Thomas of Maurienne

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An imaginary portrait of Thomas of Maurienne. Thomas of Maurienne.jpg
An imaginary portrait of Thomas of Maurienne.

Thomas of Maurienne (died before 720) was the first abbot of the Abbey of Farfa, which he founded between 680 and c.700. Although the sources of his life are much later, and he is surrounded by legends, his historicity is beyond doubt. [1]

Thomas is said to have hailed from Maurienne, where he was a monk before he travelled to Italy. [2] According to the twelfth-century Chronicon Farfense of Gregory of Catino, Thomas was on a pilgrimage when in the Church of the Holy Sepulchre, he had a vision of the Virgin Mary, who told him to go to Italy and re-establish an abandoned basilica that had been founded in her name. With a small group of disciples and divine guidance, Thomas found the ruins of a basilica in a deserted region in the Sabina. [3] The reliability of this story is thrown in some doubt by the extensive use of topoi, such as the vision, the pilgrimage, the desert and "the reoccupation of an earlier Christian site". [4] It was believed in Thomas's day that the basilica had been founded in the sixth century by a certain Laurence of Syria, about whom nothing concrete is known. The church certainly stands on a terrace excavated in Late Antiquity and archaeological digs by the British School at Rome (1978–85) have uncovered a late antique wall enclosure on the site, although the church itself has not been excavated. [5]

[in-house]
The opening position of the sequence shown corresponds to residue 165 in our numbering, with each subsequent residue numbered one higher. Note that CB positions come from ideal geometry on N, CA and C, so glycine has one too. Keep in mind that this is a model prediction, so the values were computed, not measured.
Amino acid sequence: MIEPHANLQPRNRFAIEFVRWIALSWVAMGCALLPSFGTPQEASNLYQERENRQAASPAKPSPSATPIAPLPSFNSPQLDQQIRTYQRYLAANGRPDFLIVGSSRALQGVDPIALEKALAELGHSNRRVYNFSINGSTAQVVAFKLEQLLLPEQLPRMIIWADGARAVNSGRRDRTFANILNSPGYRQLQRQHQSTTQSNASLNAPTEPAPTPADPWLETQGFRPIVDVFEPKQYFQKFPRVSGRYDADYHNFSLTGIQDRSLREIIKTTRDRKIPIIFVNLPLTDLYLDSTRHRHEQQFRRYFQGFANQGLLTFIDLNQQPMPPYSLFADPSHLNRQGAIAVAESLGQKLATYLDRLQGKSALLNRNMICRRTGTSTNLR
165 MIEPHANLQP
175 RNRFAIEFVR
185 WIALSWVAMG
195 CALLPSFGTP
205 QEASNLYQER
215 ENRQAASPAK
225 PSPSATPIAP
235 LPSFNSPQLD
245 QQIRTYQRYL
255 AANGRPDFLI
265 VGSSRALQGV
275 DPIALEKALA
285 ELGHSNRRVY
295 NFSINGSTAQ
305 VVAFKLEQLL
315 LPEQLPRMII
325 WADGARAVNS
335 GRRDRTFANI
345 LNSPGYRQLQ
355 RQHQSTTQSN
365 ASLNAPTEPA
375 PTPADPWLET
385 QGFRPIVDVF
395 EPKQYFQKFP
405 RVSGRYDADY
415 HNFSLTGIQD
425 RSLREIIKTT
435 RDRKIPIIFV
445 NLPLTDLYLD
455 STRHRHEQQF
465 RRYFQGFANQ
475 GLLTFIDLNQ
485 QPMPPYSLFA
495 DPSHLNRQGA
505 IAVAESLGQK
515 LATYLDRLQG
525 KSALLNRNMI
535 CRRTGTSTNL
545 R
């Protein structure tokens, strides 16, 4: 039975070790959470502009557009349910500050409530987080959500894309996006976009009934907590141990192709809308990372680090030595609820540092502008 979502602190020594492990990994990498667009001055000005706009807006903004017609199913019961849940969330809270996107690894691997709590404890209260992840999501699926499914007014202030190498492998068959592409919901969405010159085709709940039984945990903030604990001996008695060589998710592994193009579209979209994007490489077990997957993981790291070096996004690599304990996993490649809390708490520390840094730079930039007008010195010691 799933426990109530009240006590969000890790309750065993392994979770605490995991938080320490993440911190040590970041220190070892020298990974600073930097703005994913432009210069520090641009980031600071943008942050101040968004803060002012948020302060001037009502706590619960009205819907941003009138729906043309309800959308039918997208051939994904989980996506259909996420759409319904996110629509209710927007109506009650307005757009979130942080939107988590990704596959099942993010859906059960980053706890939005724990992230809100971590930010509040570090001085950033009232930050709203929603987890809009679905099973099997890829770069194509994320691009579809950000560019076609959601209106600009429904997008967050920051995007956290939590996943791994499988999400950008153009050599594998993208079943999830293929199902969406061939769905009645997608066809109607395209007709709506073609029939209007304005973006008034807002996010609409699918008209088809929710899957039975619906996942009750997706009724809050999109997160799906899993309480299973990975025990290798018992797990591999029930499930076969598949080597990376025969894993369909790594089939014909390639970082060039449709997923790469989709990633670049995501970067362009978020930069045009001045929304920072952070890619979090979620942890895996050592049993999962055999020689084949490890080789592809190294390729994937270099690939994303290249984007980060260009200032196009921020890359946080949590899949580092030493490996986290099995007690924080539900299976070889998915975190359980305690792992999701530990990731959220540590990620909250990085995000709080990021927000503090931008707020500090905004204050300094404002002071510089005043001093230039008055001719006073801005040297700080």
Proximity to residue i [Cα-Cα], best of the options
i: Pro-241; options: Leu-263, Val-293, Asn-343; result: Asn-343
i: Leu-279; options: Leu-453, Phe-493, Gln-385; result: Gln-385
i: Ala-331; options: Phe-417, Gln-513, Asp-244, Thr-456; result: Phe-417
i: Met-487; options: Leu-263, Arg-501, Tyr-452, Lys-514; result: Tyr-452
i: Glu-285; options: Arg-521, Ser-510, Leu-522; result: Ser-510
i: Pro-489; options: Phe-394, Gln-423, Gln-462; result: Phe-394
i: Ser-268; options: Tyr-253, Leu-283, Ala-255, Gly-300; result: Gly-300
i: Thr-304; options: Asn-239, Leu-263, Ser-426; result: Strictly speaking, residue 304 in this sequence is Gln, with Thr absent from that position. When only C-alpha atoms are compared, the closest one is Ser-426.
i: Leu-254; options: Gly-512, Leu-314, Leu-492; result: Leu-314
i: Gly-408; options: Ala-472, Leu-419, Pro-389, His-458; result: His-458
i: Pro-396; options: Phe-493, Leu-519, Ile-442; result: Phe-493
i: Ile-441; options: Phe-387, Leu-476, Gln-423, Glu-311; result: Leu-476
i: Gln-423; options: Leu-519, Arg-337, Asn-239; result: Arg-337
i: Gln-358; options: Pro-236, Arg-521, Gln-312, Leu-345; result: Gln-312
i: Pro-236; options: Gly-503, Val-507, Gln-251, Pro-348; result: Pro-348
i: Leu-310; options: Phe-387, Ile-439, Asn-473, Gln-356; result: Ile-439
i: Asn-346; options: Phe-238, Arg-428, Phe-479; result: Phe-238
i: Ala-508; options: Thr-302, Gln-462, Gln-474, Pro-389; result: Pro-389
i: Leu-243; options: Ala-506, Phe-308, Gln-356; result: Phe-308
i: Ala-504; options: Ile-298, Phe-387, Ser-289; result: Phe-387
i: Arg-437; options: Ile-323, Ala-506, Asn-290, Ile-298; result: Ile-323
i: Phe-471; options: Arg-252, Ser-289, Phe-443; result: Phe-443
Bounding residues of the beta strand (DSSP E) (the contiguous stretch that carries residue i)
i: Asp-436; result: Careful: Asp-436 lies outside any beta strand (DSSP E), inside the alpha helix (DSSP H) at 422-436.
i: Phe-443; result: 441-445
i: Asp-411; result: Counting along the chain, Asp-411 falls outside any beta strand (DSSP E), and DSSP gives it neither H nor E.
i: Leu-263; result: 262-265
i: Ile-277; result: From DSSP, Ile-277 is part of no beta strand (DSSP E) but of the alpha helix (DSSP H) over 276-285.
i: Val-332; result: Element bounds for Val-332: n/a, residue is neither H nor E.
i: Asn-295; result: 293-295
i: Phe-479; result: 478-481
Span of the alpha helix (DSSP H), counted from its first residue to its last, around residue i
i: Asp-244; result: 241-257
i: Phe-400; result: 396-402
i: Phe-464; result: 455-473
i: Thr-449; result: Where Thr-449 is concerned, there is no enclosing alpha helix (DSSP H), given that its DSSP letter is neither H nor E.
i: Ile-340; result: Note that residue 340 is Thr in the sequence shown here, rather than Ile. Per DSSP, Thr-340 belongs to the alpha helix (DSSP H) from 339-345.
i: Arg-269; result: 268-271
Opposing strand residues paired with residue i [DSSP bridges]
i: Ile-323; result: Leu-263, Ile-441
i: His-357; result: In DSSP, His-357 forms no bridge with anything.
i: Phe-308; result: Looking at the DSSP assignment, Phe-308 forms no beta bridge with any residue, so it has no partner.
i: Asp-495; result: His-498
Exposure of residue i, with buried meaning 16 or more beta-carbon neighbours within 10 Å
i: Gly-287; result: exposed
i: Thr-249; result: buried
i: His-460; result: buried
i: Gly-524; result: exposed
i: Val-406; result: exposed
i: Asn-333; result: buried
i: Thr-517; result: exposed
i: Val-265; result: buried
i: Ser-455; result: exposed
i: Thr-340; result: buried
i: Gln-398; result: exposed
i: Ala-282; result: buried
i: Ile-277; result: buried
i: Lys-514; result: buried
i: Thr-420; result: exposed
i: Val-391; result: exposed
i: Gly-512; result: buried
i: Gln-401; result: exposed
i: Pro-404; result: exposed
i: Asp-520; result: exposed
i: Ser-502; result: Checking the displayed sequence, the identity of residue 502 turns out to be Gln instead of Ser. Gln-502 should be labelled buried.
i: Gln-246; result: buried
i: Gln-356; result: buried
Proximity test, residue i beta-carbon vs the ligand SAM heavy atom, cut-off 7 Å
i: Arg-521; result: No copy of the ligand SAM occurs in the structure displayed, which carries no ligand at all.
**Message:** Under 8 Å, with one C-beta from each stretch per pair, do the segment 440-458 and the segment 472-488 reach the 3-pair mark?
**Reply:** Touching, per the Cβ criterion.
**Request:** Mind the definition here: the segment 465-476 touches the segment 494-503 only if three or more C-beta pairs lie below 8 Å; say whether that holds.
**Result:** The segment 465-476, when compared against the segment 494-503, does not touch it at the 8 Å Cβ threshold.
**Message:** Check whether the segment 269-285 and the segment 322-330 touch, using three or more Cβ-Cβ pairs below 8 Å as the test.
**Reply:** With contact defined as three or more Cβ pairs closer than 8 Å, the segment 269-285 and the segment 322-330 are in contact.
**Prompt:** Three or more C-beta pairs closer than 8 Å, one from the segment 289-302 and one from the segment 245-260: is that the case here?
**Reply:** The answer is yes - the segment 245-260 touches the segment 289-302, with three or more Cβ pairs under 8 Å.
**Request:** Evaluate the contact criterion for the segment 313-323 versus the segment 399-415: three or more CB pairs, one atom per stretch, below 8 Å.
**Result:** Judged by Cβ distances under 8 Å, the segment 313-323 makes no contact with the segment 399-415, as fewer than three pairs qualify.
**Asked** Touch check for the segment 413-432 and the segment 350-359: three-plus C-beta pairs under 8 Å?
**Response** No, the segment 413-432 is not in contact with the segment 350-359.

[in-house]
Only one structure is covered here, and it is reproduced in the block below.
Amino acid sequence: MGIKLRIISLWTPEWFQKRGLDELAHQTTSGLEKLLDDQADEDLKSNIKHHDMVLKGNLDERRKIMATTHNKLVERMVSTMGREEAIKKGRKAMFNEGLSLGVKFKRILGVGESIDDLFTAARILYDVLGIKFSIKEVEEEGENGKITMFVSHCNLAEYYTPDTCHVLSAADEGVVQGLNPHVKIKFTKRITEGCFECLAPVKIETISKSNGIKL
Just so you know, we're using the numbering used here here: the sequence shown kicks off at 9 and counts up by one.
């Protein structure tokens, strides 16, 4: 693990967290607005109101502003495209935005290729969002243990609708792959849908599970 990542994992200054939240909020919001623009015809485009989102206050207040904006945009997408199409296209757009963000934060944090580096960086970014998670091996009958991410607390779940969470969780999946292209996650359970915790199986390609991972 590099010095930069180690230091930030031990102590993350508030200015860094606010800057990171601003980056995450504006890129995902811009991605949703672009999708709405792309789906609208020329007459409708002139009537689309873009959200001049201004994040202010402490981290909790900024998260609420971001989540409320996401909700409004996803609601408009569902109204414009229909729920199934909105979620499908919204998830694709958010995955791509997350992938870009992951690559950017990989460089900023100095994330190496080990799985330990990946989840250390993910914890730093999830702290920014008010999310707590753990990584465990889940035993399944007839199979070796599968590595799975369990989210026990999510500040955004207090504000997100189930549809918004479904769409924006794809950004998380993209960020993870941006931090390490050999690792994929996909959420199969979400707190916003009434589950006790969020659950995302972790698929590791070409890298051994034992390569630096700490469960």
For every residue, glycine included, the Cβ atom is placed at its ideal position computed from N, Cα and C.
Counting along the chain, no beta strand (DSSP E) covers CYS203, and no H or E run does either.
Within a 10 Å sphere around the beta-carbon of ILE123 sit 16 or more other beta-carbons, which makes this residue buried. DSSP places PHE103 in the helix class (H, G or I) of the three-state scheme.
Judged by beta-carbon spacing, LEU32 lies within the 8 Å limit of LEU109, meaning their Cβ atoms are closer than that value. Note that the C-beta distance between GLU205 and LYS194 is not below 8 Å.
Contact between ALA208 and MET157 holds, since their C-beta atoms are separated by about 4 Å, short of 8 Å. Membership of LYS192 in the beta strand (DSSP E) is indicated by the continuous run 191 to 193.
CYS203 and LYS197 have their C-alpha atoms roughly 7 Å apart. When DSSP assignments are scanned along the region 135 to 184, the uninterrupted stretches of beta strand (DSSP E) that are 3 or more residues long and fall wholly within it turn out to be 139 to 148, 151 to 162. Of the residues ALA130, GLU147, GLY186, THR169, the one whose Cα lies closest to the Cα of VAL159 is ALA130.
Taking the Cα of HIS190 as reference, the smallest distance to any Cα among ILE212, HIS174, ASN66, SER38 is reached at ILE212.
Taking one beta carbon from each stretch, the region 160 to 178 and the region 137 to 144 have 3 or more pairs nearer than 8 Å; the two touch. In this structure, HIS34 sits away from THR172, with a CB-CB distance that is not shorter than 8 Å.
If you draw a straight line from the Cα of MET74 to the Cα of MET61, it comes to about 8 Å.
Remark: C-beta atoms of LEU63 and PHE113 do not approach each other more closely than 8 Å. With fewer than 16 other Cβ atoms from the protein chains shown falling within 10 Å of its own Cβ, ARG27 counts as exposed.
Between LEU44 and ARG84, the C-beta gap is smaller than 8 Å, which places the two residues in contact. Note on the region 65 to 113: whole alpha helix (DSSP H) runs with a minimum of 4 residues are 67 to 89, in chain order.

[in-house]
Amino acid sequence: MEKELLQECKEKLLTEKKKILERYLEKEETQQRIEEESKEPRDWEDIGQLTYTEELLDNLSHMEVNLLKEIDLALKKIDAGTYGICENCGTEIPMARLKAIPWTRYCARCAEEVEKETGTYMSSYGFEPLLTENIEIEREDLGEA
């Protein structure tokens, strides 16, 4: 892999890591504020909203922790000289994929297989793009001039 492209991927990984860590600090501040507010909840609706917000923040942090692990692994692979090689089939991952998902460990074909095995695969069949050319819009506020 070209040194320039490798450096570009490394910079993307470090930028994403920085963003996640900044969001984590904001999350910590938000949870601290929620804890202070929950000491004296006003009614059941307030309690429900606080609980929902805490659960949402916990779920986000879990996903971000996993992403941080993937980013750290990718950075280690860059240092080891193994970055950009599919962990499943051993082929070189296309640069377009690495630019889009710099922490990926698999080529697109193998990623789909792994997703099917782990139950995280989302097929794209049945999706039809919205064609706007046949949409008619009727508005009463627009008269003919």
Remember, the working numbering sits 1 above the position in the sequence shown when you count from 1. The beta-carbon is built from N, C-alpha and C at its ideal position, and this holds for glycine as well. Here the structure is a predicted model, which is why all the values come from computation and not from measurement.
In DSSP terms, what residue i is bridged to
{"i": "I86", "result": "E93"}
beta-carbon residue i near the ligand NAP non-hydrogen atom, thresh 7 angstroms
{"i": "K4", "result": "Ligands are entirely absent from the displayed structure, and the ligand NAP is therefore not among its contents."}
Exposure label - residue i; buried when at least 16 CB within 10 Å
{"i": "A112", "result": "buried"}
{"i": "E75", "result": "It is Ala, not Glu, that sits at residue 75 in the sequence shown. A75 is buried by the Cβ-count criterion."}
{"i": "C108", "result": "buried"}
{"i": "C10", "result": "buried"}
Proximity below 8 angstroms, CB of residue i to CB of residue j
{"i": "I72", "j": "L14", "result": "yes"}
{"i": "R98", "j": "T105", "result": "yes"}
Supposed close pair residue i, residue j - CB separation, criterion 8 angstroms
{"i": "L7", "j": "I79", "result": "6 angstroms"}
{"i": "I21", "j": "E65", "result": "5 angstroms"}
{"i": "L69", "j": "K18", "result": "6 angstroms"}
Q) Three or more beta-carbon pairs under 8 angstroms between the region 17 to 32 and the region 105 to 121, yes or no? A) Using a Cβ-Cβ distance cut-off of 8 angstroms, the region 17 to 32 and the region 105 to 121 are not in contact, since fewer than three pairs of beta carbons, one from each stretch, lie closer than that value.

Maurienne former Savoy province

Maurienne is one of the provinces of Savoy, corresponding to the arrondissement of Saint-Jean-de-Maurienne in France. It is also the original name of the capital of the province, now Saint-Jean-de-Maurienne.

Gregory of Catino Historian and monk of Abbey of Farfa

Gregory of Catino was a monk of the Abbey of Farfa and "one of the most accomplished monastic historians of his age." Gregory died shortly after 1130, possibly in 1133.

Church of the Holy Sepulchre Church in Jerusalem, Israel